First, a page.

Journal of Spectroscopy

Journal of Spectroscopy / 2012 / Article

Open Access

Volume 27 |Article ID 108041 | https://doi.org/10.1155/2012/108041

Viviane G. Borio, Rubens Vinha, Renata A. Nicolau, Hueder Paulo M. de Oliveira, Carlos J. de Lima, Landulfo Silveira, "Quantitative Evaluation of Acetaminophen in Oral Solutions by Dispersive Raman Spectroscopy for Quality Control", Journal of Spectroscopy, vol. 27, Article ID 108041, 14 pages, 2012. https://doi.org/10.1155/2012/108041

Quantitative Evaluation of Acetaminophen in Oral Solutions by Dispersive Raman Spectroscopy for Quality Control

Published13 Jun 2012

Abstract

This work used dispersive Raman spectroscopy to evaluate acetaminophen in commercially available formulations as an analytical methodology for quality control in the pharmaceutical industry. Raman spectra were collected using a near-infrared dispersive Raman spectrometer (830 nm, 50 mW, 20 s exposure time) coupled to a fiber optic probe. Solutions of acetaminophen diluted in excipient (70 to 120% of the commercial concentration of 200 mg/mL) were used to develop a calibration model based on partial least squares (PLSs) applied to Raman spectra of solutions and, subsequently, obtain linearity, accuracy, precision (repeatability), and sensitivity of the method using the near-infrared spectroscopy (NIRS) as a gold standard method. This model was used to predict the acetaminophen concentration in commercial samples from different lots of acetaminophen formulations (200 mg/mL) with a PLS-prediction error of about 0.6%. Commercial medicines had PLS predicted concentrations errors below 2.5%, whereas NIRS had an error of about 3.7% compared to the label concentration. It has been demonstrated the applicability of Raman spectroscopy with fiber probe for quality control in pharmaceutical industry of commercial formulations.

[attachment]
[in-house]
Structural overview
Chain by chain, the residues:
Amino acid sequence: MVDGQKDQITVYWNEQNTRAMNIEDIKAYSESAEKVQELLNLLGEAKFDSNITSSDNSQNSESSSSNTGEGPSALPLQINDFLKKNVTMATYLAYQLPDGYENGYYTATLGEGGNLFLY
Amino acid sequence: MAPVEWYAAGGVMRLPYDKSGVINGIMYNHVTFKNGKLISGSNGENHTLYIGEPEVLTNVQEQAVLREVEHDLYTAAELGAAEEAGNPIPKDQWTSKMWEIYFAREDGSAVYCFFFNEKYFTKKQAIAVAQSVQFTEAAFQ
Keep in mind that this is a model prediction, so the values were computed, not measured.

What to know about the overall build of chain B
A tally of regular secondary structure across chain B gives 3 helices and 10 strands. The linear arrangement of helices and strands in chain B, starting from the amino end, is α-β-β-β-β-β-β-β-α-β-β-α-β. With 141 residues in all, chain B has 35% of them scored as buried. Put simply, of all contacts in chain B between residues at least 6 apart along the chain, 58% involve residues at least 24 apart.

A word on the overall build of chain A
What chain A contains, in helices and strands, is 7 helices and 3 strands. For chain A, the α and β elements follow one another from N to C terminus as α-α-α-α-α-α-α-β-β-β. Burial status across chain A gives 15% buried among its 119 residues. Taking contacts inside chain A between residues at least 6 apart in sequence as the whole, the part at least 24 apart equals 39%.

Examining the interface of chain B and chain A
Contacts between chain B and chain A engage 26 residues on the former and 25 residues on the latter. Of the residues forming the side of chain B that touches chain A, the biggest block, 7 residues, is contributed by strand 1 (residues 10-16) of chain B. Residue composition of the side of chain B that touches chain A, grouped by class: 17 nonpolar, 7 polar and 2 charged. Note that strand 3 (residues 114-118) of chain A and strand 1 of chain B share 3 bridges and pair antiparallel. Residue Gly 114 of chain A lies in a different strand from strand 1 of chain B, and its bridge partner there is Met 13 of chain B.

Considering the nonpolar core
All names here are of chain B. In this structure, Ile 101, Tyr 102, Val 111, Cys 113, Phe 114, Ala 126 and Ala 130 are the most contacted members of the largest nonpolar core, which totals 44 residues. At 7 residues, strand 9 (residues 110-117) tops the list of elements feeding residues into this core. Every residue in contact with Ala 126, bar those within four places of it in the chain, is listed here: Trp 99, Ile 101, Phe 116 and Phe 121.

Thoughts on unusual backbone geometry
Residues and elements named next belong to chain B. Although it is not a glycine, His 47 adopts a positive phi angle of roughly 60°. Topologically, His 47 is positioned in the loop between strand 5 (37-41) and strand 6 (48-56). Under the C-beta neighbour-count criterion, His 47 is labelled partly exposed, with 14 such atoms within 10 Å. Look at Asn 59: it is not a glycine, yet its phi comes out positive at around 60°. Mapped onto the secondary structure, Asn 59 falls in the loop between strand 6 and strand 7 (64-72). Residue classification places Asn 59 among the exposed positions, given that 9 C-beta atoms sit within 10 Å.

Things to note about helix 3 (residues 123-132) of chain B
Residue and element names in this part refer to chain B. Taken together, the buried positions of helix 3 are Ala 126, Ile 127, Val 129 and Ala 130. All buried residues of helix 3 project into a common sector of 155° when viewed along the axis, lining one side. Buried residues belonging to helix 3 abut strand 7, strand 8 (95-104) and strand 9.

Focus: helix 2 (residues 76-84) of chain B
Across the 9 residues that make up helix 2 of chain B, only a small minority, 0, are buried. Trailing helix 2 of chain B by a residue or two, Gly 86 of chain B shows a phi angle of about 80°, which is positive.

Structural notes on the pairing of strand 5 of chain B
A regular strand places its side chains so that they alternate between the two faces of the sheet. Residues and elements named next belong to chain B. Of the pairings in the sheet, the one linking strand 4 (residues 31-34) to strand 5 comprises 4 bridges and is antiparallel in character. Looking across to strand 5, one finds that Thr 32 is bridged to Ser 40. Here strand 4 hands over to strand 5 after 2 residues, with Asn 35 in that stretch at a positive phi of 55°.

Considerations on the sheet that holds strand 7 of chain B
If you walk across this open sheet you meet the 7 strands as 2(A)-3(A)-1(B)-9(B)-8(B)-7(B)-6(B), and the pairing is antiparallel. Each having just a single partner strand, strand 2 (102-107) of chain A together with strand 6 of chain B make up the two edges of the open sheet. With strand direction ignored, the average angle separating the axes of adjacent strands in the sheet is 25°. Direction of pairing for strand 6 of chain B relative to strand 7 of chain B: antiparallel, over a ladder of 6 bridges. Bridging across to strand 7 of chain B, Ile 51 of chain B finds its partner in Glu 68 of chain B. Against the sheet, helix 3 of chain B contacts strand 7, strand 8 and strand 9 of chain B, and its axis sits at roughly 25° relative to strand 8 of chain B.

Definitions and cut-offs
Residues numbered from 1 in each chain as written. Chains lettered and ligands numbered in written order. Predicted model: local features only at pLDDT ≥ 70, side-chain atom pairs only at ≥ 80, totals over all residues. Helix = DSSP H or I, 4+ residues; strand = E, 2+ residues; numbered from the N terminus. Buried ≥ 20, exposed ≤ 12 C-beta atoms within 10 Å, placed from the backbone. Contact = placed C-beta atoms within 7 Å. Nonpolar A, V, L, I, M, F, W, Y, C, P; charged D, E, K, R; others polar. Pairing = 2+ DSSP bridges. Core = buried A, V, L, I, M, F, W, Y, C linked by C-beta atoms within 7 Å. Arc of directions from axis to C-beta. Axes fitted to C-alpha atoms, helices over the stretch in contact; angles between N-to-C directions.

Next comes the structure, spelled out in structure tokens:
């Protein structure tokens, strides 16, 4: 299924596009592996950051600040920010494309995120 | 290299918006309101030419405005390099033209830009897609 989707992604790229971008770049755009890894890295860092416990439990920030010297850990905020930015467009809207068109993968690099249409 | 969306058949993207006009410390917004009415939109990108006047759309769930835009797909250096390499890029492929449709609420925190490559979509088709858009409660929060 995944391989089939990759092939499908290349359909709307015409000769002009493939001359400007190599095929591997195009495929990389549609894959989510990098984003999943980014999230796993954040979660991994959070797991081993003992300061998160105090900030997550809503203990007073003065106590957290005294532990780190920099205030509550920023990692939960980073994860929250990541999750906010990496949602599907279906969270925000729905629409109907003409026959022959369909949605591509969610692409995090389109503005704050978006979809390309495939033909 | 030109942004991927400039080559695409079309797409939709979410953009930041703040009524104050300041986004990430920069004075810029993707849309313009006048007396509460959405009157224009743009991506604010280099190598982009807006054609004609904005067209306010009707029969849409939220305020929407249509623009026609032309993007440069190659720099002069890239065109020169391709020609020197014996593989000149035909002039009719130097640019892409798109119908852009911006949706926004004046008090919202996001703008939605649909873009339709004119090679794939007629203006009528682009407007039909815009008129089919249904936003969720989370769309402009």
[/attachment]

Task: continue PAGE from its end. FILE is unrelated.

1. Introduction

The acetaminophen is a well-known analgesic and antipyretic that has been widely used because of the low side effects and still being well tolerated when administered in therapeutic quantities. Routine techniques for measuring acetaminophen include chromatographic methods (high performance liquid chromatography—HPLC), spectrophotometric methods (ultraviolet/visible, near-infrared and infrared spectroscopy, including Fourier-transform near-infrared spectroscopy (NIRS), and fluorescence spectroscopy), flow-injection spectroscopy, chemiluminescence methods, capillary electrophoretic methods, and electroanalytical methods [1].

The classical techniques for pharmaceutical drugs evaluation, such as chromatography, are sensitive and very specific, but these techniques are time consuming and of high costs, needing samples to undergo a preprocessing prior analysis, which may ultimately destroy the sample. To address this problem, optical methods have been proposed for the quantitative determination of active pharmaceutical ingredients (APIs) in drugs and medicines, most of them based on absorption and reflectance spectrometric techniques in the ultraviolet-visible and infrared regions [2, 3], with advantages such as rapid API evaluation with minimum or even without sample destruction [4].